A young Allston woman told Boston police she went on a terrifying trip early Sunday morning, when a man claiming to be a ride-hail driver took an unauthorized detour toward the New Hampshire border with her in the back seat.
The unidentified woman, who is in her 20s, told police she was out with friends at Paddy O’s on Union Street near Faneuil Hall when she attempted to order a Lyft between 12:50 and 1 a.m. Sunday, according to Sergeant Detective John Boyle, a Boston police spokesman.
The woman said her cellphone battery died after she ordered the ride-hail, but soon a group of men asked her name and told her that the car had arrived, pointing to a silver or tan sedan, possibly a BMW, according to Boyle.
The woman told police she got inside, and the man behind the wheel drove in near silence for about half an hour before stopping at a gas station. There, she said, a young man approached the car, telling the woman to stay inside while he began reaching in the window, according to Boyle.
The woman said she instead jumped out and ran from the gas station into the road, where she flagged down a car that took her to Allston, Boyle said.
The woman appeared to be unsure exactly where the driver had taken her, Boyle said, but told police he said she was near the New Hampshire border.
Once safely back in Boston, the woman declined medical treatment from Boston Emergency Medical Services, Boyle said.
The incident is under investigation.
Lyft confirmed Sunday that the woman had summoned a ride but said it was unclear whether the driver who responded was her abductor. That driver’s account has been deactivated while Lyft investigates, the company said.
“We take any allegation like this incredibly seriously, and are conducting a thorough investigation of the incident,” Lyft said, adding that it had contacted the woman to offer support and had reached out to law enforcement.
The attempted abduction bore disturbing similarities to two high-profile kidnappings last winter.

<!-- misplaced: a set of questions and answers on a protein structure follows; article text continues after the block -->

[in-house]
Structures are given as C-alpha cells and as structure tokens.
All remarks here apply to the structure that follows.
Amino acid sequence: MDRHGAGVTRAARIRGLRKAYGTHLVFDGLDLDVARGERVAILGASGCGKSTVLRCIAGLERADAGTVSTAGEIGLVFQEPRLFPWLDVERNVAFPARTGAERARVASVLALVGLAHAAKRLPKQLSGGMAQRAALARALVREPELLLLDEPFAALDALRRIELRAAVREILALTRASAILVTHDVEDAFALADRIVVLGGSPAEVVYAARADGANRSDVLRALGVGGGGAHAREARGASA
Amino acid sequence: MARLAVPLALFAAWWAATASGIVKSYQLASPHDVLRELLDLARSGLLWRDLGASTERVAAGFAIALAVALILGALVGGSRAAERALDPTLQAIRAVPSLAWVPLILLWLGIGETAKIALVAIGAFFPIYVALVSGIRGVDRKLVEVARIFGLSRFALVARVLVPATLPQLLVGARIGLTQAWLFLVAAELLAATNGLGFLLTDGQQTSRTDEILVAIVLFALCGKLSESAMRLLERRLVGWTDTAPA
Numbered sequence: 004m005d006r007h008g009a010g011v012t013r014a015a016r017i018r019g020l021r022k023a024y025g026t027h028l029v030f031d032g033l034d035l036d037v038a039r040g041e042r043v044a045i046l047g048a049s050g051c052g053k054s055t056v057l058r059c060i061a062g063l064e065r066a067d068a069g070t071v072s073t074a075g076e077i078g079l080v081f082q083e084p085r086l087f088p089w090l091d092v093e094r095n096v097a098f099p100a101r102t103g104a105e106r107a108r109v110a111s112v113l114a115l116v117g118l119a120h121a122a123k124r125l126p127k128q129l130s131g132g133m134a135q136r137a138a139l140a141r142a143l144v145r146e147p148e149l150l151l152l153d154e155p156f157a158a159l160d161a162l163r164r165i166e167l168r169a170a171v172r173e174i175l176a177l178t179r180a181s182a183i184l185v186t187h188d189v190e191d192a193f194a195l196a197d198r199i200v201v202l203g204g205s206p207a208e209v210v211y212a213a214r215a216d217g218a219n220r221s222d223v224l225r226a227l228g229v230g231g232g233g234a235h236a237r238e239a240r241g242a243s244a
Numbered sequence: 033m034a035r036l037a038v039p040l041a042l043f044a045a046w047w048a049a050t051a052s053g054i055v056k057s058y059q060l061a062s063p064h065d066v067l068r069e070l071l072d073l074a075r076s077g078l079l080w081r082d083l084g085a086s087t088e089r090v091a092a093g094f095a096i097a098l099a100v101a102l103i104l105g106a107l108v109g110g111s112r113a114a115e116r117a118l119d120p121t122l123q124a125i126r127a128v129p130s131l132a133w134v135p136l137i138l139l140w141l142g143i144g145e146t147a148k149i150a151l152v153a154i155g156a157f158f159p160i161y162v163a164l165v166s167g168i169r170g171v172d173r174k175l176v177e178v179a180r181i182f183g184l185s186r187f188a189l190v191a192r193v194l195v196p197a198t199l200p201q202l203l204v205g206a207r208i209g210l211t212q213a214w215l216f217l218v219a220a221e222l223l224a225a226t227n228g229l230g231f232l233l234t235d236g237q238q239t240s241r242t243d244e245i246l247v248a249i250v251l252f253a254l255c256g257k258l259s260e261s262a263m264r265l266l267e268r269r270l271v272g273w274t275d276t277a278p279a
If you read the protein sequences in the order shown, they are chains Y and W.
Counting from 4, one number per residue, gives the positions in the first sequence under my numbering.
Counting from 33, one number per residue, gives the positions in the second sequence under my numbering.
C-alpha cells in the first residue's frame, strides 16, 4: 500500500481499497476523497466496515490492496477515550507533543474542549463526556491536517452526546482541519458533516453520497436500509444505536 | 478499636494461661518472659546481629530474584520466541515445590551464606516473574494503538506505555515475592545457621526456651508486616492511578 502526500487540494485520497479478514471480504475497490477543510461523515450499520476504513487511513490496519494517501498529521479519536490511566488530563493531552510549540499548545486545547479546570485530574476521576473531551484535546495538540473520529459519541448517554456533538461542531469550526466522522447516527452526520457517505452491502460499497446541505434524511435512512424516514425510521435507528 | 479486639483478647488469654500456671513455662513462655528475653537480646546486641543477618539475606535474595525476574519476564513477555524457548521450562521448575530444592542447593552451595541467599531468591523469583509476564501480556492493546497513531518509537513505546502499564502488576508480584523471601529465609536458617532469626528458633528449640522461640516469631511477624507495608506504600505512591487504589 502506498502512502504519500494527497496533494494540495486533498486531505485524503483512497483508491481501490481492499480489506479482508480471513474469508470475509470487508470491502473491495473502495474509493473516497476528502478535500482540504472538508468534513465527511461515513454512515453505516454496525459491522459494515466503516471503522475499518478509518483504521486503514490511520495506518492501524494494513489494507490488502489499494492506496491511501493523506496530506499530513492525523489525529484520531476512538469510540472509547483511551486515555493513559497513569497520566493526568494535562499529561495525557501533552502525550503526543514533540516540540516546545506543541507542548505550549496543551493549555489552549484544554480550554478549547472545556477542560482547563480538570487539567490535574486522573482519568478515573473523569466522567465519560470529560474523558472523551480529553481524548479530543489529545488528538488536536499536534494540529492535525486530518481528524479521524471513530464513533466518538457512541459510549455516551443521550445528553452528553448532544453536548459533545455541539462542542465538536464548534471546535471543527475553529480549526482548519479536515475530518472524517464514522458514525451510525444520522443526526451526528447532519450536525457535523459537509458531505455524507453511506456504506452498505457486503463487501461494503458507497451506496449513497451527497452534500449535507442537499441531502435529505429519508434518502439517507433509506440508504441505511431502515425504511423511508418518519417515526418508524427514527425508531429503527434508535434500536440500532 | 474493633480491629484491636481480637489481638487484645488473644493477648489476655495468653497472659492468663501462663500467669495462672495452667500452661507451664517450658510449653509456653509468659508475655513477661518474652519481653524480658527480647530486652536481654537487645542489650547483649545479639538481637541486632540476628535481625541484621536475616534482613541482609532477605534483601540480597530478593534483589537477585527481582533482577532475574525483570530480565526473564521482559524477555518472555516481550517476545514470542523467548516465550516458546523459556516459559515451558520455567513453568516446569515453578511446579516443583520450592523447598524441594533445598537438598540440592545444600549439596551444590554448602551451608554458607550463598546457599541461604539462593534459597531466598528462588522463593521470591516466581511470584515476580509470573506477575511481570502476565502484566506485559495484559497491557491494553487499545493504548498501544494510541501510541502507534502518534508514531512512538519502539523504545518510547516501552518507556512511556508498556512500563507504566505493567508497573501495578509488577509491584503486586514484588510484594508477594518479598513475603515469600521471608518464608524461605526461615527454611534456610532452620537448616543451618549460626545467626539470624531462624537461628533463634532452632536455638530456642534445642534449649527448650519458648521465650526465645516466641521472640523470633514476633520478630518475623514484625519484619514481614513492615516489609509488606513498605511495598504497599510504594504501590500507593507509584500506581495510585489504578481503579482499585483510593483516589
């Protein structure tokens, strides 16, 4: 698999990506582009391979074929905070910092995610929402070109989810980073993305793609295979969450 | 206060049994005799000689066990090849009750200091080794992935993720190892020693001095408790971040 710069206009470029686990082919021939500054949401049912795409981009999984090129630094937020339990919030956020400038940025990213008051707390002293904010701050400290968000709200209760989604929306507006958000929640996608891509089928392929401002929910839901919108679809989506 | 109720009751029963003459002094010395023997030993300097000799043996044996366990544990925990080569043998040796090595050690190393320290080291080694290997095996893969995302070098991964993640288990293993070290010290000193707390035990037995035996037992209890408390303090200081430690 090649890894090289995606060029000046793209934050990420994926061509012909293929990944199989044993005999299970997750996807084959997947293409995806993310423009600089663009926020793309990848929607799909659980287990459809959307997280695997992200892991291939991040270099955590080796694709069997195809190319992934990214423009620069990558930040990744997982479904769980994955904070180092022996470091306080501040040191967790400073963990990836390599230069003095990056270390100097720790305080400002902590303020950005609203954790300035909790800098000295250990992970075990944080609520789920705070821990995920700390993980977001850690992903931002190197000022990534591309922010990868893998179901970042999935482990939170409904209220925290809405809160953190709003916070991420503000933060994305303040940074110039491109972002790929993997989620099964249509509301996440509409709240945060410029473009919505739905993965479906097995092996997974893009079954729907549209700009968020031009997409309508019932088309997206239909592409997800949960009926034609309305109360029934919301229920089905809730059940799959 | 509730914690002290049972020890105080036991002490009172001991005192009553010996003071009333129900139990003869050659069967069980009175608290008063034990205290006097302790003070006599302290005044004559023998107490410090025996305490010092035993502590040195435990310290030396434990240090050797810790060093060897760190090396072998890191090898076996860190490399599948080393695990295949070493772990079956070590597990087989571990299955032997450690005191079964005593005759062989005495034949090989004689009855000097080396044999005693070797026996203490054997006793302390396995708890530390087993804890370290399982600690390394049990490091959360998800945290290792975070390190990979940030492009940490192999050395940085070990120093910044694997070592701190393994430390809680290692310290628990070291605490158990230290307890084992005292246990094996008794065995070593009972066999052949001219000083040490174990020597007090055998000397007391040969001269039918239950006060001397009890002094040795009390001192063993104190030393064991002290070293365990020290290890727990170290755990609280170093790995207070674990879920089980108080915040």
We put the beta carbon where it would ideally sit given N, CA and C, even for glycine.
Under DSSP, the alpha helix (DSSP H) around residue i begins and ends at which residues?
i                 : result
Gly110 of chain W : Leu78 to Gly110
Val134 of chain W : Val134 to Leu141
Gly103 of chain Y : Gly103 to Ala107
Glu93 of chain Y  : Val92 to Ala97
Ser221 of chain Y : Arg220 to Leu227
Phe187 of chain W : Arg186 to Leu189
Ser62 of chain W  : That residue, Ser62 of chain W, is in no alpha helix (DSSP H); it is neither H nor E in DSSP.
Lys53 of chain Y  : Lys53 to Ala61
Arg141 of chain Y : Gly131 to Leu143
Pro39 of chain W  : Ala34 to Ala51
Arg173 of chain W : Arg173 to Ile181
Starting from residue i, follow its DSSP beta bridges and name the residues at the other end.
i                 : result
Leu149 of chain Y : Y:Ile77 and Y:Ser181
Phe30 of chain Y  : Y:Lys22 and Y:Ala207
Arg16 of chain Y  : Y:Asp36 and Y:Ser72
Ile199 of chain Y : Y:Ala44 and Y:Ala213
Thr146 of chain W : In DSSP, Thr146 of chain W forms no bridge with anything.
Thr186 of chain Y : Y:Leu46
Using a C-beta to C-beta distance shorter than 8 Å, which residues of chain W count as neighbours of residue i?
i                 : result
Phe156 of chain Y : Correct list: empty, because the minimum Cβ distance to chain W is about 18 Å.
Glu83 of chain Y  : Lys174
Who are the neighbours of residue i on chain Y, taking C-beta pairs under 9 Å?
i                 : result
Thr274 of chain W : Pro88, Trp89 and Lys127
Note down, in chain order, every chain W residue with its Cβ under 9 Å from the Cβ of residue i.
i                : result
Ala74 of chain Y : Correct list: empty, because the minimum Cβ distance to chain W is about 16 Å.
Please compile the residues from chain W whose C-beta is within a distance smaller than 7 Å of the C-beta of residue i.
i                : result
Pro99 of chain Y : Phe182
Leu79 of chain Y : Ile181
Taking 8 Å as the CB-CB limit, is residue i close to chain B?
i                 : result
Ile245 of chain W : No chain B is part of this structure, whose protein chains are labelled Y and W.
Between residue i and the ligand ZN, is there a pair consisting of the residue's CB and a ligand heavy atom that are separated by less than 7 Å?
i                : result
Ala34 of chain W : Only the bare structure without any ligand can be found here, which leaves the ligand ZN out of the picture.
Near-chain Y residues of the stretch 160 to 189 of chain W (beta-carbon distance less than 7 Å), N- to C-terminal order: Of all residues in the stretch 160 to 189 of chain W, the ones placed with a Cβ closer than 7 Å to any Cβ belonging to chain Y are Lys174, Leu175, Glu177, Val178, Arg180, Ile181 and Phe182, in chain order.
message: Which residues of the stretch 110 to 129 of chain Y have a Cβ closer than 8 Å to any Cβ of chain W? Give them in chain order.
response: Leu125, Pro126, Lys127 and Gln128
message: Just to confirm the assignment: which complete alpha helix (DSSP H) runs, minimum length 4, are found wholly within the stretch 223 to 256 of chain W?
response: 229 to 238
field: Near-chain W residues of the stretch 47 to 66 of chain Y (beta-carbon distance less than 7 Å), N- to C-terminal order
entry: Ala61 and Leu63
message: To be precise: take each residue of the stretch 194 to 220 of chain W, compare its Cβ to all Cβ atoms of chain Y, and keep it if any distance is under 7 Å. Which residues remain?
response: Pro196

On Jan. 19, 2019, a 23-year-old woman left Hennessy’s bar, beside Paddy O’s on Union Street, around 10 p.m. and was reported missing. She was later found in the Charlestown apartment of Victor Pena, who is charged with kidnapping and aggravated rape.
On Feb. 24, 2019, Dorchester native Jassy Correia was kidnapped and killed after celebrating her 23rd birthday at Venu, a Theatre District nightclub, and then getting into a man’s car. Louis D. Coleman III was charged in the Correia case with a single federal count of kidnapping resulting in death, which carries a possible death penalty.
Following those abductions, public officials asked the public to exercise caution when heading home from a night out — to keep an eye on friends and be careful getting into unfamiliar cars. Boston police Commissioner William G. Gross called a meeting of alcohol license holders to discuss concerns about public safety.
Then, on Dec. 7, Alvin R. Campbell Jr., the brother of Boston City Councilor Andrea Campbell, allegedly posed as a ride service driver and kidnapped a woman leaving The Harp, near TD Garden, then drove her to Cumberland, R.I., and raped her. Campbell was ordered held on $250,000 cash bail last month after his arraignment on kidnapping and rape charges in Boston Municipal Court.
And one week ago, Dorchester resident Tony A. Santos, 31, allegedly offered a woman a ride home from another birthday celebration at Venu, but then grabbed her inside the car and told her, “You’re coming with me.” Santos was arraigned Monday on charges including attempted kidnapping and assault and battery with a dangerous weapon and held on $7,500 cash bail.
Inside Paddy O’s on Sunday afternoon, patrons were alarmed but not surprised to learn of the incident about 12 hours earlier. Such abductions are frightening, they said, but no longer shocking after years of reports about assaults by ride-hail drivers and men impersonating drivers.
Amy Ireland, 49, who was visiting Boston on vacation from Baltimore, said she always tells her 22-year-old daughter, “Make sure you’re getting in the right car with the right person — especially if she’s by herself. You hear about that more and more these days, and it’s scary because you don’t know.”
“You have to be street smart,” said Ed Reardon, 57, of Gloucester. “And if you’re drinking and you get into a car when you don’t know what you’re doing — it could be the last car you’re getting into.”
His wife, Jenn Reardon, 46, said, “It’s really unfortunate that that’s what the world is today, that you do have to constantly be aware of what’s going on around you.”
She added she never goes out drinking without her husband.
“I’m too afraid. I think I know too much of what goes on in the world,” she said.
In the wake of last winter’s abductions, city officials released a 33-page guide in December that contains new safety recommendations for bars, nightclubs, and their patrons.
On Sunday, Boston police posted to the department’s website a list of guidelines for using ride-hail vehicles safety. The tips include staying inside while requesting a ride, ensuring that you’re climbing into the right vehicle, and sharing trip details from the ride-hail app with a friend or relative who can track the trip.